For the paper:

Gutig R, Sompolinsky H (2009) Time-warp-invariant neuronal
processing. PLoS Biol 7:e1000141


Fluctuations in the temporal durations of sensory signals constitute a
major source of variability within natural stimulus ensembles. The
neuronal mechanisms through which sensory systems can stabilize
perception against such fluctuations are largely unknown. An
intriguing instantiation of such robustness occurs in human speech
perception, which relies critically on temporal acoustic cues that are
embedded in signals with highly variable duration. Across different
instances of natural speech, auditory cues can undergo temporal
warping that ranges from 2-fold compression to 2-fold dilation without
significant perceptual impairment. Here, we report that
time-warp-invariant neuronal processing can be subserved by the
shunting action of synaptic conductances that automatically rescales
the effective integration time of postsynaptic neurons. We propose a
novel spike-based learning rule for synaptic conductances that adjusts
the degree of synaptic shunting to the temporal processing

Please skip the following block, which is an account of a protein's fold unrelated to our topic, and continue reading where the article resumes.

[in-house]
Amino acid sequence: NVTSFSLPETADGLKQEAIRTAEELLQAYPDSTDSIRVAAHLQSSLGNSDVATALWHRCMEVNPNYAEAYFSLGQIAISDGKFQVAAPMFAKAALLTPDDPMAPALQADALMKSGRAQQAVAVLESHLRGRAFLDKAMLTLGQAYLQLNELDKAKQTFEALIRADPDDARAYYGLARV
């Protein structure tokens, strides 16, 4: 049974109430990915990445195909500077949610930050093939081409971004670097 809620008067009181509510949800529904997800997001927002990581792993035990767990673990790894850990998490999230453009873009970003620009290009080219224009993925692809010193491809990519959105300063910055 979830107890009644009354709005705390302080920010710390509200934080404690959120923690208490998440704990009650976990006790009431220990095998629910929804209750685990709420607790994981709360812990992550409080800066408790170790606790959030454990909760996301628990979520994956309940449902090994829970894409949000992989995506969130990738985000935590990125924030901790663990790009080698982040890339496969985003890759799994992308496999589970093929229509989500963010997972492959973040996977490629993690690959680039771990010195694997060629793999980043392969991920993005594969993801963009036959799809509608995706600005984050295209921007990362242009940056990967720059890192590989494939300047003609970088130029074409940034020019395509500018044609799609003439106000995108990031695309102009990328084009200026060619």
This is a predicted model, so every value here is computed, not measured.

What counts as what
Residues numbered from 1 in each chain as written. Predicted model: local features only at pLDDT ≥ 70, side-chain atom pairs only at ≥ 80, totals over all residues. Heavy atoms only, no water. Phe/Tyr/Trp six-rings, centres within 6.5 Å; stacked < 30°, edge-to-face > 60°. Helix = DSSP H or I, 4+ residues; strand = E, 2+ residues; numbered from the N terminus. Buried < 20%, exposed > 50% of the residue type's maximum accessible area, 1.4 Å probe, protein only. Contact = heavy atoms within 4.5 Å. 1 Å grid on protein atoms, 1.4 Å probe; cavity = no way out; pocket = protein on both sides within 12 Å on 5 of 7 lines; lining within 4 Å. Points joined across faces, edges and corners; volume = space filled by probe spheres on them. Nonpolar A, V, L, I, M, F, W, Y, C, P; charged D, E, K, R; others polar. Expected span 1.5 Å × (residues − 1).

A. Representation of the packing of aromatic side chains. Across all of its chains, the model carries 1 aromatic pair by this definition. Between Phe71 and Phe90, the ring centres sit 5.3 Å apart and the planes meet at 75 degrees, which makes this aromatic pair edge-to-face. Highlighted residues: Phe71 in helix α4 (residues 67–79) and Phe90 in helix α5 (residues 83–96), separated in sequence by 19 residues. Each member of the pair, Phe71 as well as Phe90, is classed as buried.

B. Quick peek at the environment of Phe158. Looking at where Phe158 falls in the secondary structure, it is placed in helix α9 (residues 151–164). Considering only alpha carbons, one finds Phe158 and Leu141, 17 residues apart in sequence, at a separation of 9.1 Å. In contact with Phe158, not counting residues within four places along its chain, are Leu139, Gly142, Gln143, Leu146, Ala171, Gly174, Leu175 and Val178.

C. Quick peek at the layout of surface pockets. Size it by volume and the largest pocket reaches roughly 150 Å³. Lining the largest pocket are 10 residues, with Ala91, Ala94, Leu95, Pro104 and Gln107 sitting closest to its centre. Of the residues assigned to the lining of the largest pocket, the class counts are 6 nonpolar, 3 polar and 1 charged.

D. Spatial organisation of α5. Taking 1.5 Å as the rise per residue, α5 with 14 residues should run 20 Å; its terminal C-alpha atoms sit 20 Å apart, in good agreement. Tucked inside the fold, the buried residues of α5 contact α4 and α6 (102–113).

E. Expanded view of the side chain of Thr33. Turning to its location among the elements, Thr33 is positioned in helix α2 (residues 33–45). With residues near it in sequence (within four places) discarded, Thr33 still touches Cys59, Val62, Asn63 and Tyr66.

requirements of a given task. Applying this general biophysical
mechanism to the example of speech processing, we propose a neuronal
network model for time-warp-invariant word discrimination and
demonstrate its excellent performance on a standard benchmark
speech-recognition task. Our results demonstrate the important
functional role of synaptic conductances in spike-based neuronal
information processing and learning. The biophysics of temporal
integration at neuronal membranes can endow sensory pathways with
powerful time-warp-invariant computational capabilities.

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The simulation reproduces Fig. 2:


and Fig. 3C (but not in a speech recognition context):


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